Greensburg, Pa., Sep 7, 2004 (CNA) - Catholic politicians who support abortion rights should not receive Communion, but that decision should be left to the politician to make, not to the bishop or priest, said Bishop Lawrence Brandt of Greensburg in a pastoral letter this week.
The recently appointed bishop of this small Pennsylvania diocese wrote the letter, he said, “in an effort to clarify the Catholic Church's teaching as it relates to certain issues which have emerged as a result of this year's election campaigns.”
In the letter, titled “Integrity and the Political Arena,” the bishop wrote that a Catholic politician who has “an established pattern of voting in favor of abortion legislation and an established pattern of public rejection of a core teaching of the Church” is “engaged in public cooperation with a grave moral evil.”
“A pattern of public cooperation in grave evil inevitably calls into extreme question one's worthiness to receive Holy Communion,” he said. “A pattern of public rejection of a core doctrinal holding of the Catholic Church separates one in a fundamental way from the communion of faith, which is the Catholic Church.
“What sense then does receiving the effective sign of that oneness in a communion of faith, which is the Eucharist, have in such a situation? None, because it is a contradiction in terms,” the bishop said frankly.
“The Eucharist is aptly called Holy Communion because, of its nature, it reflects a communion or unity of belief on the part of those receiving it,” he continued.
Bishop Brandt said pro-abortion politicians who receive Communion bear “false witness to the Catholic faith” and offend other “informed Catholics” who know that their actions in support of abortion legislation are contrary to the Church’s 2,000-year-old teaching on the sanctity of human life.
“To receive Holy Communion under these circumstances is not only offensive to committed Catholics, but it is also offensive to pro-life Catholic public officials who often risk their public careers to fight for the pro-life cause,” he said. “It is also offensive to those Catholic public officials who voluntarily refrain from receiving the Eucharist because of their recognition of their compromised status.”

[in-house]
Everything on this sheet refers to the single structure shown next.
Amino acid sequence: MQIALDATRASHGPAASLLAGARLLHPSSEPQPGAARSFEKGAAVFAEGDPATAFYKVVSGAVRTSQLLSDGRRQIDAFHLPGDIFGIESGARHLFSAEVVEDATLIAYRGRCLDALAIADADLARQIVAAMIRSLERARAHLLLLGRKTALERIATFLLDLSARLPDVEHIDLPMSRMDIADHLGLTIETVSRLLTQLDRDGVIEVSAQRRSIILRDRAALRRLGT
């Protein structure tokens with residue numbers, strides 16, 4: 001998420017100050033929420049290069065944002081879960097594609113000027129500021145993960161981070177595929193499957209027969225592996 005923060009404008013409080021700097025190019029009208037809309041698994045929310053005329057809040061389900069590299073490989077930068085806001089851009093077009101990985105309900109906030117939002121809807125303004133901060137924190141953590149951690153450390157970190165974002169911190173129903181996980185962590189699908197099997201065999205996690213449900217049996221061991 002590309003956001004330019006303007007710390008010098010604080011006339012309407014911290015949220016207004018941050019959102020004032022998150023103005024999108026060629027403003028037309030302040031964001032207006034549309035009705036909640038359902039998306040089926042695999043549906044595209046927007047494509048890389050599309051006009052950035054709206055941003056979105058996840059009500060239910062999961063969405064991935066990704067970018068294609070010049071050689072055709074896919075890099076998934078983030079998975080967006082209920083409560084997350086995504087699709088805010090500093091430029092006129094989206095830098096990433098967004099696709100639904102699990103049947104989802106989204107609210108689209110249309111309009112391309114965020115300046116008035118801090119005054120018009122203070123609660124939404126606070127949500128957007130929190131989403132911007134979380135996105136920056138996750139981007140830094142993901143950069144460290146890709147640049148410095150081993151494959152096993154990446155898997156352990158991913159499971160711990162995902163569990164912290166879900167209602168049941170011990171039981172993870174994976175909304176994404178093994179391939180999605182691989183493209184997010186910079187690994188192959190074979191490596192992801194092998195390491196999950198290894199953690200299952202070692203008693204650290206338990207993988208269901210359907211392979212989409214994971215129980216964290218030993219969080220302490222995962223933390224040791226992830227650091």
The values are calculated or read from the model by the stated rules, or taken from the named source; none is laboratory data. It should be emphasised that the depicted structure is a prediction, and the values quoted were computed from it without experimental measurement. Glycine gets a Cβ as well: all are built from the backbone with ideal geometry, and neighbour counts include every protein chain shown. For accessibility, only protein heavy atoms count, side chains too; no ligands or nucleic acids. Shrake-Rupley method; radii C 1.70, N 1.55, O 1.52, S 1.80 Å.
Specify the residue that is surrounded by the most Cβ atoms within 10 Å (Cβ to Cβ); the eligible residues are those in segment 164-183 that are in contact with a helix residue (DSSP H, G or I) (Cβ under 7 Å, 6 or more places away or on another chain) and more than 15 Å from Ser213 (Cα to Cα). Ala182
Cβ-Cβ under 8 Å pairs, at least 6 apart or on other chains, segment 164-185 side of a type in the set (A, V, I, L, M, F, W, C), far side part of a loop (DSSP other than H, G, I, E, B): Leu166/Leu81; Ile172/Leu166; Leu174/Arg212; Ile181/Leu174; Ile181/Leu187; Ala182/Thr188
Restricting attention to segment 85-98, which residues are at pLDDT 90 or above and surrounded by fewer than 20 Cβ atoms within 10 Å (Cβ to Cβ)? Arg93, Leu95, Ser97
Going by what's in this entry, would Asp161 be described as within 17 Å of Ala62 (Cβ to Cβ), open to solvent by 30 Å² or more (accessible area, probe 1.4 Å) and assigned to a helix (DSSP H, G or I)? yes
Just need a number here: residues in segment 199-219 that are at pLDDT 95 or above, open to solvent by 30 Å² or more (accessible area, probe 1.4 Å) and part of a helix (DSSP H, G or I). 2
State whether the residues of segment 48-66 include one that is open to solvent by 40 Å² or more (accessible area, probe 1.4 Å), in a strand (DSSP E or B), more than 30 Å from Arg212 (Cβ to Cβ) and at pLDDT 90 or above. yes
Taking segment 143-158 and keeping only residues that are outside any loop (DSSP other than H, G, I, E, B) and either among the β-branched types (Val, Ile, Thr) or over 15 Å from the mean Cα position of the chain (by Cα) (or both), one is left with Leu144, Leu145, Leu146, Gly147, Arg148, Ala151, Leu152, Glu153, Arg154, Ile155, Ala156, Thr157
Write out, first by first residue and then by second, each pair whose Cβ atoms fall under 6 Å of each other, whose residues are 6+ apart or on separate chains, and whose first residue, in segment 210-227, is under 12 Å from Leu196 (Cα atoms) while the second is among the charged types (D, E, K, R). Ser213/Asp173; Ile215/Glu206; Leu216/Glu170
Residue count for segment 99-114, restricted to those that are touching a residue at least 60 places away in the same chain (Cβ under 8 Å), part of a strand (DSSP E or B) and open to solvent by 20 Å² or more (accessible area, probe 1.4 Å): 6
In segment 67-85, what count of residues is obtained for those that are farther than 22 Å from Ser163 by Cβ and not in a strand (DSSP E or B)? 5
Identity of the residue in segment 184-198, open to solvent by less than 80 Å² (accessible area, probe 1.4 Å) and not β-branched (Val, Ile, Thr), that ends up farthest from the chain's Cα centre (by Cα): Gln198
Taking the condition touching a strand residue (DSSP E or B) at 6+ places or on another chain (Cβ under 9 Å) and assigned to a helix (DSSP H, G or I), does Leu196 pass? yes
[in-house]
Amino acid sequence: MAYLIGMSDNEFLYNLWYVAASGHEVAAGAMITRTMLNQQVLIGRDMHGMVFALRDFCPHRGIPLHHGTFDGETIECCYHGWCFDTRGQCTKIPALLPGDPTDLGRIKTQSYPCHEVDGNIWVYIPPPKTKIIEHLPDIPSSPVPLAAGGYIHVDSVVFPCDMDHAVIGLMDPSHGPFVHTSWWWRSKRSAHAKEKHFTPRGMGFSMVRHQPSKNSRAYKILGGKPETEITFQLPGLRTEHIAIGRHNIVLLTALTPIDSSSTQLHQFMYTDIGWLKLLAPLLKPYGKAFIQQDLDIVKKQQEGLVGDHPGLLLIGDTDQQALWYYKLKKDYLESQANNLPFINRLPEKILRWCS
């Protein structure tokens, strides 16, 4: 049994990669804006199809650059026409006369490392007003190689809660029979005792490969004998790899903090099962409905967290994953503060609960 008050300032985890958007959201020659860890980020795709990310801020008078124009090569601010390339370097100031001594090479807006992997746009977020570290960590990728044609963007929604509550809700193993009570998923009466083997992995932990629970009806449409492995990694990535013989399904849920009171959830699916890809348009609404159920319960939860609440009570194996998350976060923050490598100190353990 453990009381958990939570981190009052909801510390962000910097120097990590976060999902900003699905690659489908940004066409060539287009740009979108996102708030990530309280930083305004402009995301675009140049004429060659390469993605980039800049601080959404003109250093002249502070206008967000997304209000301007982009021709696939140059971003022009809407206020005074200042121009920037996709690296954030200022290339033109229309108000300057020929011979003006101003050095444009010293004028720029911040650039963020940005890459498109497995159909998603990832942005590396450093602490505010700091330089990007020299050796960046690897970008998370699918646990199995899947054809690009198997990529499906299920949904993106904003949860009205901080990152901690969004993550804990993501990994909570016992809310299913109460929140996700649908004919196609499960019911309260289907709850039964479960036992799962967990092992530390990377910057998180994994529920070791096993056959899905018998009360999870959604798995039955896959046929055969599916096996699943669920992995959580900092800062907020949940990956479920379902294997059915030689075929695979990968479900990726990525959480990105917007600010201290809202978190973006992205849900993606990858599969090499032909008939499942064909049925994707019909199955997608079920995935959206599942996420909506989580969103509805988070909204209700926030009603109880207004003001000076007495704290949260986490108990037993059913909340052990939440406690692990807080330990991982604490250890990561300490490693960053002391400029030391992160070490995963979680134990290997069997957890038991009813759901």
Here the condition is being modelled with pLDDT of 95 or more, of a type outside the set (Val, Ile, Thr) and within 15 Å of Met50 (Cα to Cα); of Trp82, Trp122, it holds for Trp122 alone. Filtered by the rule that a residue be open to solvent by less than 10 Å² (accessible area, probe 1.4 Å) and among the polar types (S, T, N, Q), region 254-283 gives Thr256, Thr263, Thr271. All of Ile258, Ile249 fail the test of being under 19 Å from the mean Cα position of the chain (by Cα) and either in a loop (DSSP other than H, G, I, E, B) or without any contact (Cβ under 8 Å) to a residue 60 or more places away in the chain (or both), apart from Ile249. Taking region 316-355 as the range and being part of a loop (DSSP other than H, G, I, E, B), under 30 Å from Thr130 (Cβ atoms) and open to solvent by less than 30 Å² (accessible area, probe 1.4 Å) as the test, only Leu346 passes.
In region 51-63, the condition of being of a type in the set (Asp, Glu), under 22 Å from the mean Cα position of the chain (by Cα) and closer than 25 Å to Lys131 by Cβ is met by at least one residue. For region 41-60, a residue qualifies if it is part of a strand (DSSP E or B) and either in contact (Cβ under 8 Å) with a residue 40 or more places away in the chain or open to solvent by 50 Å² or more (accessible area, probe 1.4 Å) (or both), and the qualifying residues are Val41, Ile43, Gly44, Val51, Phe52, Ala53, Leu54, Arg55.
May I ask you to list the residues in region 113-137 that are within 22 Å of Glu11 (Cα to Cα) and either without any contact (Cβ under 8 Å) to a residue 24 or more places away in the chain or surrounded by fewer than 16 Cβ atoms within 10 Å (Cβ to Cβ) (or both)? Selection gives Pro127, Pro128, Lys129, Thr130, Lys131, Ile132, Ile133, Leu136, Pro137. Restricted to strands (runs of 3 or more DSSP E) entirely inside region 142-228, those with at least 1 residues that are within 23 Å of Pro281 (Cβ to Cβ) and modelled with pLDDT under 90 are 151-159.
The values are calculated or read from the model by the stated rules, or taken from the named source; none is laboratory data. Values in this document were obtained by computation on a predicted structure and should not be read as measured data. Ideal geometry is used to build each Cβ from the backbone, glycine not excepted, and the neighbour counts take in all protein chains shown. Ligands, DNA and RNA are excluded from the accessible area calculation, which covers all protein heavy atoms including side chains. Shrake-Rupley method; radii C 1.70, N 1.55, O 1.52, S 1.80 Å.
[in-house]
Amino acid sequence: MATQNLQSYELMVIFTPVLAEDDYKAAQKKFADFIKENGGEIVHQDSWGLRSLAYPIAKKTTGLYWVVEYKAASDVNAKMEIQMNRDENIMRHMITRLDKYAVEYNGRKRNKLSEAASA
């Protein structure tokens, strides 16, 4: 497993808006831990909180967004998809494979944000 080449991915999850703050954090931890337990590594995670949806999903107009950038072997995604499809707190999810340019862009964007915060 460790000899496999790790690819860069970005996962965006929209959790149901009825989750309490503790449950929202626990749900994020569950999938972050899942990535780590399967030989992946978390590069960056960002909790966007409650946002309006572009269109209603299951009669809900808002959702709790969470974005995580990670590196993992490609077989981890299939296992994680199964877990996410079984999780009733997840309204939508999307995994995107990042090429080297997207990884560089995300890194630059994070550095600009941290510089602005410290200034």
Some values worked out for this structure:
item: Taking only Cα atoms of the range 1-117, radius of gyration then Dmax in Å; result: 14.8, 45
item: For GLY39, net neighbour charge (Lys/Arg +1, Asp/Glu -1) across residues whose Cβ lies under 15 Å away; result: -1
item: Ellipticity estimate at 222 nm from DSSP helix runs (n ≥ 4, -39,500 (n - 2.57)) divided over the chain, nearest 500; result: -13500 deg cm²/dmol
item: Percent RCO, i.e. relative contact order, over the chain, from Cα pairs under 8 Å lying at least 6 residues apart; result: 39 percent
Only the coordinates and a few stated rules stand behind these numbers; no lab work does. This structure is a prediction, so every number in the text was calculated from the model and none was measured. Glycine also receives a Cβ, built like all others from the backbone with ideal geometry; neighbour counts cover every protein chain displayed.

However, the bishop said the decision about whether a pro-abortion politician can receive Communion should be left up to the politician to make, based on his or her conscience.
“I think the decision about the reception of Holy Communion should be put where it belongs – on the person contemplating receiving Holy Communion. It should not be imposed on the bishop, on the priest, on the deacon, nor on the Eucharistic minister. That is ‘passing the buck!’” he stated.
While the decision is ultimately up to the individual, the bishop urged that pro-abortion Catholic politicians who continue to receive Communion “should be challenged to take ownership of the consequences of a lack of integrity by publicly acknowledging that what they do contradicts who they say they are,” he said.
The bishop also spoke in favor of the U.S. bishops’ June decision that discourages Catholic organizations and institutions from honoring those Catholics whose public actions are in defiance of the fundamental tenets of Catholic faith by giving them awards or honors.
The bishop added that these public officials should also refrain from presenting themselves as candidates for lector, extraordinary minister of the Eucharist, as godparents at baptism or sponsors at confirmation.
Read the full Pastoral Letter at: